The poet Anne Porter was born in Sherborn, Massachusetts. Raised Methodist she converted to Catholicism in her 40s and was inspired by St. Francis of Assisi. She was educated at Bryn Mawr and Radcliffe, and raised five children with her husband Fairfield Porter, a painter. While raising a family she had to pursue her writing on the side. When her husband died in 1975, she began to write more seriously. As she told the Wall Street Journal: “I remember realizing that I was alone, and I’d have to be more organized. I had these poems, and I thought that it would be worthwhile working on them. I started to write.” Her first collection, An Altogether Different Language (1994), published when she was 83, was named a finalist for the National Book Award.
Her other volume of poetry is Living Things: Collected Poems (2006). Porter once said, “People don’t use their creativity as they get older. They think this is supposed to be the end of this and the end of that. But you can’t always be so sure that it is the end.” She died in 2011 with her family. David Shapiro writes of Anne Porter, “She is an American religious poet of stature who reminds us that the idea of the holy is still possible for us.” Read a poem for Thanksgiving, “A List of Praises” here:
A List of Praises
by Anne Porter
Give praise with psalms that tell the trees to sing,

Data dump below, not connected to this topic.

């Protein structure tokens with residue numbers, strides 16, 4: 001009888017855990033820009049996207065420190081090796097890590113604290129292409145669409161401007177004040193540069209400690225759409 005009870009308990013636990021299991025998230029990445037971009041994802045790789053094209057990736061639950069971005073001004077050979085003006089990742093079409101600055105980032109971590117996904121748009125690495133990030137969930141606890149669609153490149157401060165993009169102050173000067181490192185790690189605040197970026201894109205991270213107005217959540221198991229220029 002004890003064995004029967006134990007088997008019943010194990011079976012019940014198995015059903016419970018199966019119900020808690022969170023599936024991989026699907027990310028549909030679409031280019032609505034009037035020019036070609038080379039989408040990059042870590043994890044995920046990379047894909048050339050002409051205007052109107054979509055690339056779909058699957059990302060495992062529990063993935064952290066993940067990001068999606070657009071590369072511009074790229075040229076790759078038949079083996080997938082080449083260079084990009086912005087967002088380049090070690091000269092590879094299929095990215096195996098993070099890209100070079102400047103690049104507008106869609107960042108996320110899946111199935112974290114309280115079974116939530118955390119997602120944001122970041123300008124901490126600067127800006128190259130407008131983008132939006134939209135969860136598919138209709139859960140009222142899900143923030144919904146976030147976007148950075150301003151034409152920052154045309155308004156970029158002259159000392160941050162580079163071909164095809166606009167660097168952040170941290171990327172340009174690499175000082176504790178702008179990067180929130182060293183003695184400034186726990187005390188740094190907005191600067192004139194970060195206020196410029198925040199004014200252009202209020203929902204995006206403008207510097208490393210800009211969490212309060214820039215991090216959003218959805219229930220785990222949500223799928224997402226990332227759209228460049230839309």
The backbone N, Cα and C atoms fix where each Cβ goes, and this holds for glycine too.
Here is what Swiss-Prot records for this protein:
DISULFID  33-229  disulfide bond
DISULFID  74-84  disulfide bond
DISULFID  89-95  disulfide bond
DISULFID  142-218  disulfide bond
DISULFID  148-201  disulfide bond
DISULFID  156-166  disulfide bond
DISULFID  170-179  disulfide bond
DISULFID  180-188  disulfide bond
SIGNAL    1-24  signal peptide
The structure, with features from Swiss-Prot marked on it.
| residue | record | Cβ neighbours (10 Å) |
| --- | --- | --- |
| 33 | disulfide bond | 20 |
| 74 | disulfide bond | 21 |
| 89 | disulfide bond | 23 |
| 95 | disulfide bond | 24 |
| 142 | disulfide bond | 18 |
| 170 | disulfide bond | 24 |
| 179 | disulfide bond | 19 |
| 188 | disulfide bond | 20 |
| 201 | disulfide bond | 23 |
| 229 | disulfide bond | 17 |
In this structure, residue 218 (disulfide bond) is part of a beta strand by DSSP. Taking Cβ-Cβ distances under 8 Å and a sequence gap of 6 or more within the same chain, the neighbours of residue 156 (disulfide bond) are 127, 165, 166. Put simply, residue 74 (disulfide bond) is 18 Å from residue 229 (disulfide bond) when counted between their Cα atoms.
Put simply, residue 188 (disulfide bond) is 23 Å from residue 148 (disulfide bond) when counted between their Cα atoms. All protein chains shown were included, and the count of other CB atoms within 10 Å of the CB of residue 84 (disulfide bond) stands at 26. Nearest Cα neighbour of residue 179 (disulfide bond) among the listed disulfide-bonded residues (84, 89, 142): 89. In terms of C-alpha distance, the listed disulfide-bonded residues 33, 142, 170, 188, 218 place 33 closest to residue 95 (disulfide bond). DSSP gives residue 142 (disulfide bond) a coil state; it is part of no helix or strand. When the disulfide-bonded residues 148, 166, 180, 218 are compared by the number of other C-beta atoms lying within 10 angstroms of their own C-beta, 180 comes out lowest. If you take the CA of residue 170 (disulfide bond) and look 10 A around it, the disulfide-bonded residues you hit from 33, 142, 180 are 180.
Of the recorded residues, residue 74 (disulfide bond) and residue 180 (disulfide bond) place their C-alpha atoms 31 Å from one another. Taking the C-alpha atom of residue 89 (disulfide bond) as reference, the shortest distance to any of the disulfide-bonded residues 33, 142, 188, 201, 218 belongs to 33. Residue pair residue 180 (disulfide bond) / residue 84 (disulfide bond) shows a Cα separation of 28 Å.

Give praise with Gospel choirs in storefront churches,
Mad with the joy of the Sabbath,
Give praise with the babble of infants, who wake with the sun,
Give praise with children chanting their skip-rope rhymes,
A poetry not in books, a vagrant mischievous poetry
living wild on the Streets through generations of children.
Give praise with the sound of the milk-train far away
With its mutter of wheels and long-drawn-out sweet whistle
As it speeds through the fields of sleep at three in the morning,
Give praise with the immense and peaceful sigh
Of the wind in the pinewoods,
At night give praise with starry silences.
Give praise with the skirling of seagulls
And the rattle and flap of sails
And gongs of buoys rocked by the sea-swell
Out in the shipping-lanes beyond the harbor.
Give praise with the humpback whales,
Huge in the ocean they sing to one another.
Give praise with the rasp and sizzle of crickets, katydids and cicadas,
Give praise with hum of bees,
Give praise with the little peepers who live near water.
When they fill the marsh with a shimmer of bell-like cries
We know that the winter is over.
Give praise with mockingbirds, day’s nightingales.
Hour by hour they sing in the crepe myrtle
And glossy tulip trees
On quiet side streets in southern towns.
Give praise with the rippling speech
Of the eider-duck and her ducklings
As they paddle their way downstream
In the red-gold morning
On Restiguche, their cold river,
Give praise with the whitethroat sparrow.
Far, far from the cities,
Far even from the towns,
With piercing innocence
He sings in the spruce-tree tops,
Always four notes
And four notes only.
Give praise with water,
With storms of rain and thunder
And the small rains that sparkle as they dry,
And the faint floating ocean roar
That fills the seaside villages,
And the clear brooks that travel down the mountains
And with this poem, a leaf on the vast flood,
And with the angels in that other country.